58. Role of Mapping and Imaging in Brugada Syndrome

  1. Mohammad Shenasa MD3,
  2. Gerhard Hindricks MD4,
  3. Martin Borggrefe MD5,
  4. Günter Breithardt MD6 and
  5. Mark E. Josephson MD7
  1. Sergio Richter1,2 and
  2. Pedro Brugada1

Published Online: 18 DEC 2012

DOI: 10.1002/9781118481585.ch58

Cardiac Mapping, Fourth Edition

Cardiac Mapping, Fourth Edition

How to Cite

Richter, S. and Brugada, P. (2013) Role of Mapping and Imaging in Brugada Syndrome, in Cardiac Mapping, Fourth Edition (eds M. Shenasa, G. Hindricks, M. Borggrefe, G. Breithardt and M. E. Josephson), Wiley-Blackwell, Oxford, UK. doi: 10.1002/9781118481585.ch58

Editor Information

  1. 3

    Attending Physician, Department of Cardiovascular Services, O'Connor Hospital, Heart & Rhythm Medical Group, San Jose, California, USA

  2. 4

    Professor of Medicine (Cardiology), University Leipzig, Heart Center, Director, Department of Electrophysiology, Leipzig, Germany

  3. 5

    Professor of Medicine (Cardiology), Head, Department of Cardiology, Angiology and Pneumology, University Medical Center, Mannheim Medical Faculty Mannheim, University of Heidelberg, Mannheim, Germany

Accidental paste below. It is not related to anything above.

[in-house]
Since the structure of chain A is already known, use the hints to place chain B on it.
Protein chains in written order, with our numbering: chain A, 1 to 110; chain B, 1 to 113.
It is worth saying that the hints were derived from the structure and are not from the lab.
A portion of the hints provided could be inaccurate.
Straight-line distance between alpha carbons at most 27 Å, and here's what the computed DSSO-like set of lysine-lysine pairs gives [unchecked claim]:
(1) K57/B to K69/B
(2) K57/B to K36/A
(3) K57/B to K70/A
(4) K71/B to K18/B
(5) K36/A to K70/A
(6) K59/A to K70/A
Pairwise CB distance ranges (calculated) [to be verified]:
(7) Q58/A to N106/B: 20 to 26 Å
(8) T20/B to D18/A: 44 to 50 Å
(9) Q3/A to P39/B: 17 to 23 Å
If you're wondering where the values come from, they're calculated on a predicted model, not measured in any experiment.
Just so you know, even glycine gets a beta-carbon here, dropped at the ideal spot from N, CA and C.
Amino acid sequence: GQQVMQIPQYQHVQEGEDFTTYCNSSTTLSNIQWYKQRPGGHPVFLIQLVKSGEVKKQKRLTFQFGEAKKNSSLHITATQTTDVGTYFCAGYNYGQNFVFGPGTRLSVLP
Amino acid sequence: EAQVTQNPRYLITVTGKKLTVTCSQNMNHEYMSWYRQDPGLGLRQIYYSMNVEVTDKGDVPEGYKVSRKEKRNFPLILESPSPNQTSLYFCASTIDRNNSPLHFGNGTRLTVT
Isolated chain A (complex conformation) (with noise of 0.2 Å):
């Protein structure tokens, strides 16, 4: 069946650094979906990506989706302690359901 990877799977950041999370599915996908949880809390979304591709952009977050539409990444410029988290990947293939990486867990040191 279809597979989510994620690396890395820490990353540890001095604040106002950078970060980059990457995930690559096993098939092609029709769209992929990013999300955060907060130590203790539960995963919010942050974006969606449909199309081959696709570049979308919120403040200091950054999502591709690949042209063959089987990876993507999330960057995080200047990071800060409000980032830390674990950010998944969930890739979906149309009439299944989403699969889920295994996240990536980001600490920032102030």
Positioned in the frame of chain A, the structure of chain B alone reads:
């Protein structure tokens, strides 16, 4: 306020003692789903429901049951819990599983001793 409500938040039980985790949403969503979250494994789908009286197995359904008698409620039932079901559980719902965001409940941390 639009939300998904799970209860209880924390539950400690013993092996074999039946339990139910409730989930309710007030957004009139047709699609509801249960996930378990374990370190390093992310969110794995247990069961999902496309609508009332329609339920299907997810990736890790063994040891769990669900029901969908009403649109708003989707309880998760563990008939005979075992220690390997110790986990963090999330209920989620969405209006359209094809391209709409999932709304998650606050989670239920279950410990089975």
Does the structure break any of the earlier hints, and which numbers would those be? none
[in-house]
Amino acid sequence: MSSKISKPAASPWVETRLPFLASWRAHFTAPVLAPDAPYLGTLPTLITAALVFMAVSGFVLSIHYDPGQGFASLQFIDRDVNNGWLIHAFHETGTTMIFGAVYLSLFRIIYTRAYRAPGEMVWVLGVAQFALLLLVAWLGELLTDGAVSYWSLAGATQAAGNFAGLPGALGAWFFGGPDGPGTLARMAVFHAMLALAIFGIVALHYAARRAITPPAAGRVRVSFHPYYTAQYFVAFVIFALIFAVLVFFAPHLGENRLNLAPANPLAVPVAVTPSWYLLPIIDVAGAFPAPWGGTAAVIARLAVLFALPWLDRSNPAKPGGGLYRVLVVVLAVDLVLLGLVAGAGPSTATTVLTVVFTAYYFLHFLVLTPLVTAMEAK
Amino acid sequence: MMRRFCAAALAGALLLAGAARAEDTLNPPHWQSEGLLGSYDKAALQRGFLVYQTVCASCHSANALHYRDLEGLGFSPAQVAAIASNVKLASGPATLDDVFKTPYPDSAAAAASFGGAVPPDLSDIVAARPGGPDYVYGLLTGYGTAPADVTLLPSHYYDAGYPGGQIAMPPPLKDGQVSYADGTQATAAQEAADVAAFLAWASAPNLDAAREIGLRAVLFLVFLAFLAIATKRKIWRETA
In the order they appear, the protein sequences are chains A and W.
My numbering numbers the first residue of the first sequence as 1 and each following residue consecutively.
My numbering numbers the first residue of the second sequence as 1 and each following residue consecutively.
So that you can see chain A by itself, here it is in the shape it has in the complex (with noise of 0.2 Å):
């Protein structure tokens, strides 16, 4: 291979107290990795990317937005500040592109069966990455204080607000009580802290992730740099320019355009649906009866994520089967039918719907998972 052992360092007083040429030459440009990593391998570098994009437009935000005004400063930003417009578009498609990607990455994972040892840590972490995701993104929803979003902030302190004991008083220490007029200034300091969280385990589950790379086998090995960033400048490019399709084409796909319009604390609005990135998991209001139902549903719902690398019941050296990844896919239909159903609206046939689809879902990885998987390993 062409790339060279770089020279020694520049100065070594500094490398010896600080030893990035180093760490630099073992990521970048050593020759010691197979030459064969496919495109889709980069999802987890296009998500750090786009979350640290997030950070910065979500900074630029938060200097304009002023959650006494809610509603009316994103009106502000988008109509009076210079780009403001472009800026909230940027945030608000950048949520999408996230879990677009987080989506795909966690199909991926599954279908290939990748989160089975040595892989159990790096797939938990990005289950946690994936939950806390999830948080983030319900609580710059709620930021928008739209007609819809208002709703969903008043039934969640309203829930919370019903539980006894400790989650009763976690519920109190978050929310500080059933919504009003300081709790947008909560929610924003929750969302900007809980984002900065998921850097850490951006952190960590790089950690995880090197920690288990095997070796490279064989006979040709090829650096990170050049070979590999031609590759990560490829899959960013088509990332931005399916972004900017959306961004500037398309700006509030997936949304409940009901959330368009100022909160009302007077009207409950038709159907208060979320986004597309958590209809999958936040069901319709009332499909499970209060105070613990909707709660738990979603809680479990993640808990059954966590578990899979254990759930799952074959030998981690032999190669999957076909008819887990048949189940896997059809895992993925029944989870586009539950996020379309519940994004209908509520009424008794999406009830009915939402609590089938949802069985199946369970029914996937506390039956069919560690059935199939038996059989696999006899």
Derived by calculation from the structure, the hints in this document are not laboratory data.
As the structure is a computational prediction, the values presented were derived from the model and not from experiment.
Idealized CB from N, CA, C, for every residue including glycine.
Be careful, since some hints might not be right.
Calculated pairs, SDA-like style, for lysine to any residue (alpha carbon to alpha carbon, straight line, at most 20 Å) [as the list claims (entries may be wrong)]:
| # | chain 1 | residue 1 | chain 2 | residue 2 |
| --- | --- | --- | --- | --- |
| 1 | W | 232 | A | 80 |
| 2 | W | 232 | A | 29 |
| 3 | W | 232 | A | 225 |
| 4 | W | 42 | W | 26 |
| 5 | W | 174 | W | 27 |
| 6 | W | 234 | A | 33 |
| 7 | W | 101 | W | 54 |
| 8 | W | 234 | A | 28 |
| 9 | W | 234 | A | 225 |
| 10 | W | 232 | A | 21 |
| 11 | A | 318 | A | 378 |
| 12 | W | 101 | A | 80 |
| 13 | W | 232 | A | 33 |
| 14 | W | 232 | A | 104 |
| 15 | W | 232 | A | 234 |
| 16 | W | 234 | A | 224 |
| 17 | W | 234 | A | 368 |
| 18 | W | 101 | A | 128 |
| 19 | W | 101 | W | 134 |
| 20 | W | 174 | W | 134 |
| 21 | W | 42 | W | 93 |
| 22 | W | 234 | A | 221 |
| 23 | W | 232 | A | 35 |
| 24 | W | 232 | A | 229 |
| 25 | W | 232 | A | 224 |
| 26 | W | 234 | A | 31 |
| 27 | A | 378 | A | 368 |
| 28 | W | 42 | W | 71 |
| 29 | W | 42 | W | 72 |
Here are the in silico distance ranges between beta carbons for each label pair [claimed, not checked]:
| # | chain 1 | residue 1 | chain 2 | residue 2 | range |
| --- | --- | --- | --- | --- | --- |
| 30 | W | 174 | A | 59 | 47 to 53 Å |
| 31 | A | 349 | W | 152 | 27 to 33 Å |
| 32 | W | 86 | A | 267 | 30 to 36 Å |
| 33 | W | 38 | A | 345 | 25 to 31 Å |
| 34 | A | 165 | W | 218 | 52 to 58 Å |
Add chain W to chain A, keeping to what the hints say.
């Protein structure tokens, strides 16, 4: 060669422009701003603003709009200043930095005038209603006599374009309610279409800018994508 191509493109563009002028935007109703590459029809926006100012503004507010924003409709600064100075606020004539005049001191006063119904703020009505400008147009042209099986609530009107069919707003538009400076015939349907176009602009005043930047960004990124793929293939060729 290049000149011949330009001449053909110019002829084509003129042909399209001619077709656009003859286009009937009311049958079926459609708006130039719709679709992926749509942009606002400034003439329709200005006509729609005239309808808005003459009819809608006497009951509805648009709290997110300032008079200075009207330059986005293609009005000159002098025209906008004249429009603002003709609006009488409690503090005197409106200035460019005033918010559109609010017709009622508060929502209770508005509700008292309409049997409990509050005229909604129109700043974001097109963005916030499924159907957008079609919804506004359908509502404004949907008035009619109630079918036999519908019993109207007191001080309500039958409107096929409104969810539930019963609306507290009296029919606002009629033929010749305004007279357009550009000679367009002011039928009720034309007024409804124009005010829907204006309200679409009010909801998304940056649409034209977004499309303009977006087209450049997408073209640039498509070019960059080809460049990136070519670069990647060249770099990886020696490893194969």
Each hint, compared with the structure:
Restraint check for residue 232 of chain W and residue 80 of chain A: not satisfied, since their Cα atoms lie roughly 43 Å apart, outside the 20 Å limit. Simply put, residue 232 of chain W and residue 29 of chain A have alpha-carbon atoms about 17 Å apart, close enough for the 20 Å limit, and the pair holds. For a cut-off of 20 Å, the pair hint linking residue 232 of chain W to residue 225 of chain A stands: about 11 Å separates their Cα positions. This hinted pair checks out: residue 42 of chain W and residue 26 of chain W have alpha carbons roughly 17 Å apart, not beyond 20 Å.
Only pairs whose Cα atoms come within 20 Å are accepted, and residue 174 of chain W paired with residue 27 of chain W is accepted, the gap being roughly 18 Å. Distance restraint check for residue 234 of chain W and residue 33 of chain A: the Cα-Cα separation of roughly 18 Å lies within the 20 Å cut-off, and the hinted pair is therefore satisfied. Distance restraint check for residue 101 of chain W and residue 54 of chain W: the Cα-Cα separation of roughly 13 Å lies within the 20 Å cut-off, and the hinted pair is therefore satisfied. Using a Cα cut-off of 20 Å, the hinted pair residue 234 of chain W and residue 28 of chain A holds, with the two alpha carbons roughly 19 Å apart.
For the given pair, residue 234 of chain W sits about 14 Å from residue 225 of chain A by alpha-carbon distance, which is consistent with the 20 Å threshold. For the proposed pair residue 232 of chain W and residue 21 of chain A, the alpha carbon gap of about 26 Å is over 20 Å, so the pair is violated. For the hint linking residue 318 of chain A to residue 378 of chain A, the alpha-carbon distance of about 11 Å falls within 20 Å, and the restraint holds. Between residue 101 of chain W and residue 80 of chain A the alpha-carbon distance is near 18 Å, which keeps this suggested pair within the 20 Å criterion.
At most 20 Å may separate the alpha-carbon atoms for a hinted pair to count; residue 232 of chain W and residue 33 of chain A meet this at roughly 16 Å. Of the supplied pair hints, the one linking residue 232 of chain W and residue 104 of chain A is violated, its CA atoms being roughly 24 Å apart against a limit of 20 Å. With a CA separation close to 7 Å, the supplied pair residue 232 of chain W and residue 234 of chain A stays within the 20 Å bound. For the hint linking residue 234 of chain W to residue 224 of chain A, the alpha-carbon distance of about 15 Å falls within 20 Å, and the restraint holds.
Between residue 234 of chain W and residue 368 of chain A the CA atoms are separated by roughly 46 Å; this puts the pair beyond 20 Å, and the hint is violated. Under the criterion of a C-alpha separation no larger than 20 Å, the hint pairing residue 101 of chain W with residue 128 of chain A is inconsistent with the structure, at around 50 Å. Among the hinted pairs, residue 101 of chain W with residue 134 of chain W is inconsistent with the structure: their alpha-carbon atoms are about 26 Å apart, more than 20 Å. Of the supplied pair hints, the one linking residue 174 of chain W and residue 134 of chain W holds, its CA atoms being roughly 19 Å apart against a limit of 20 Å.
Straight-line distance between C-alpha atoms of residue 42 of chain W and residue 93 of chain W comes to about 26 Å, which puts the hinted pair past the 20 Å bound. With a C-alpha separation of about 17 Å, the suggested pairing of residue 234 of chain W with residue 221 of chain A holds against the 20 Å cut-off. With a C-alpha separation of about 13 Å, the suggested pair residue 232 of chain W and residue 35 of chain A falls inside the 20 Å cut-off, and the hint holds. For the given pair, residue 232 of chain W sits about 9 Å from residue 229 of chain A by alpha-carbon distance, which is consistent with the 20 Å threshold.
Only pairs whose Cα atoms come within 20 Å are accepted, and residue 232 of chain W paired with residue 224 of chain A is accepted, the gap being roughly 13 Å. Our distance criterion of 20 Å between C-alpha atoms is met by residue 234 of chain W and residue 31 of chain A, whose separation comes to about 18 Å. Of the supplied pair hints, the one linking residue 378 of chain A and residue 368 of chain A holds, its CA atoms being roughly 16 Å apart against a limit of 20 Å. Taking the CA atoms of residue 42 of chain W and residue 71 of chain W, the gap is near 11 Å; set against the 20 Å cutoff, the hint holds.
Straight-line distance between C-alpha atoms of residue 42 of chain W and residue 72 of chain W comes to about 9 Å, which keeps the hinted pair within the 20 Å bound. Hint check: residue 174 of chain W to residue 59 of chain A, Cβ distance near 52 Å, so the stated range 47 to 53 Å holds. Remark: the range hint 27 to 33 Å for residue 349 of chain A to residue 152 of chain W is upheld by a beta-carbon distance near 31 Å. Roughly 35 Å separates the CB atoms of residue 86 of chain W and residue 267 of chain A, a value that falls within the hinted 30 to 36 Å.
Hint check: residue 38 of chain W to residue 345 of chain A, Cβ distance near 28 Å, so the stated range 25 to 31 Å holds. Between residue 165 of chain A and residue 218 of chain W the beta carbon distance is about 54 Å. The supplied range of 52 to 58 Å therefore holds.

4. 6

    Professor Emeritus of Medicine and Cardiology, Department of Cardiology and Angiology, Hospital of the University of Münster, Münster, Germany

  5. 7

    Chief, Cardiovascular Medicine Division, Director, Harvard-Thorndike Electrophysiology Institute and Arrhythmia Service, Beth Israel Deaconess Medical Center, Herman C. Dana Professor of Medicine, Harvard Medical School, Boston, Massachusetts, USA

Author Information

  1. 1

    Free University of Brussels, Brussels, Belgium

  2. 2

    University of Leipzig, Leipzig, Germany

Publication History

  1. Published Online: 18 DEC 2012
  2. Published Print: 10 JAN 2013

ISBN Information

Print ISBN: 9780470670460

Online ISBN: 9781118481585



  • Brugada syndrome;
  • coved-type ST-segment elevation;
  • ventricular fibrillation;
  • premature ventricular contraction;
  • phase 2 reentry;
  • conduction abnormality;
  • right ventricular outflow tract;
  • mapping;
  • catheter ablation


Recent advances in genetics and molecular biology have made it possible to define a series of new diseases leading to cardiac arrhythmias: the channelopathies, such as Brugada syndrome. These diseases affect the structure and function of cardiac ion channels and result in atrial and ventricular tachyarrhythmias, disorders of impulse formation and conduction defects. These arrhythmogenic disorders are hereditary and in general occur in individuals with a structurally normal heart. Because there is no discrete lesion as substrate for the arrhythmias (as in myocardial infarction), mapping in channelopathies is confronted with very specific problems. The mechanism of arrhythmias and the challenges encountered while trying to map them in Brugada syndrome are discussed in this chapter.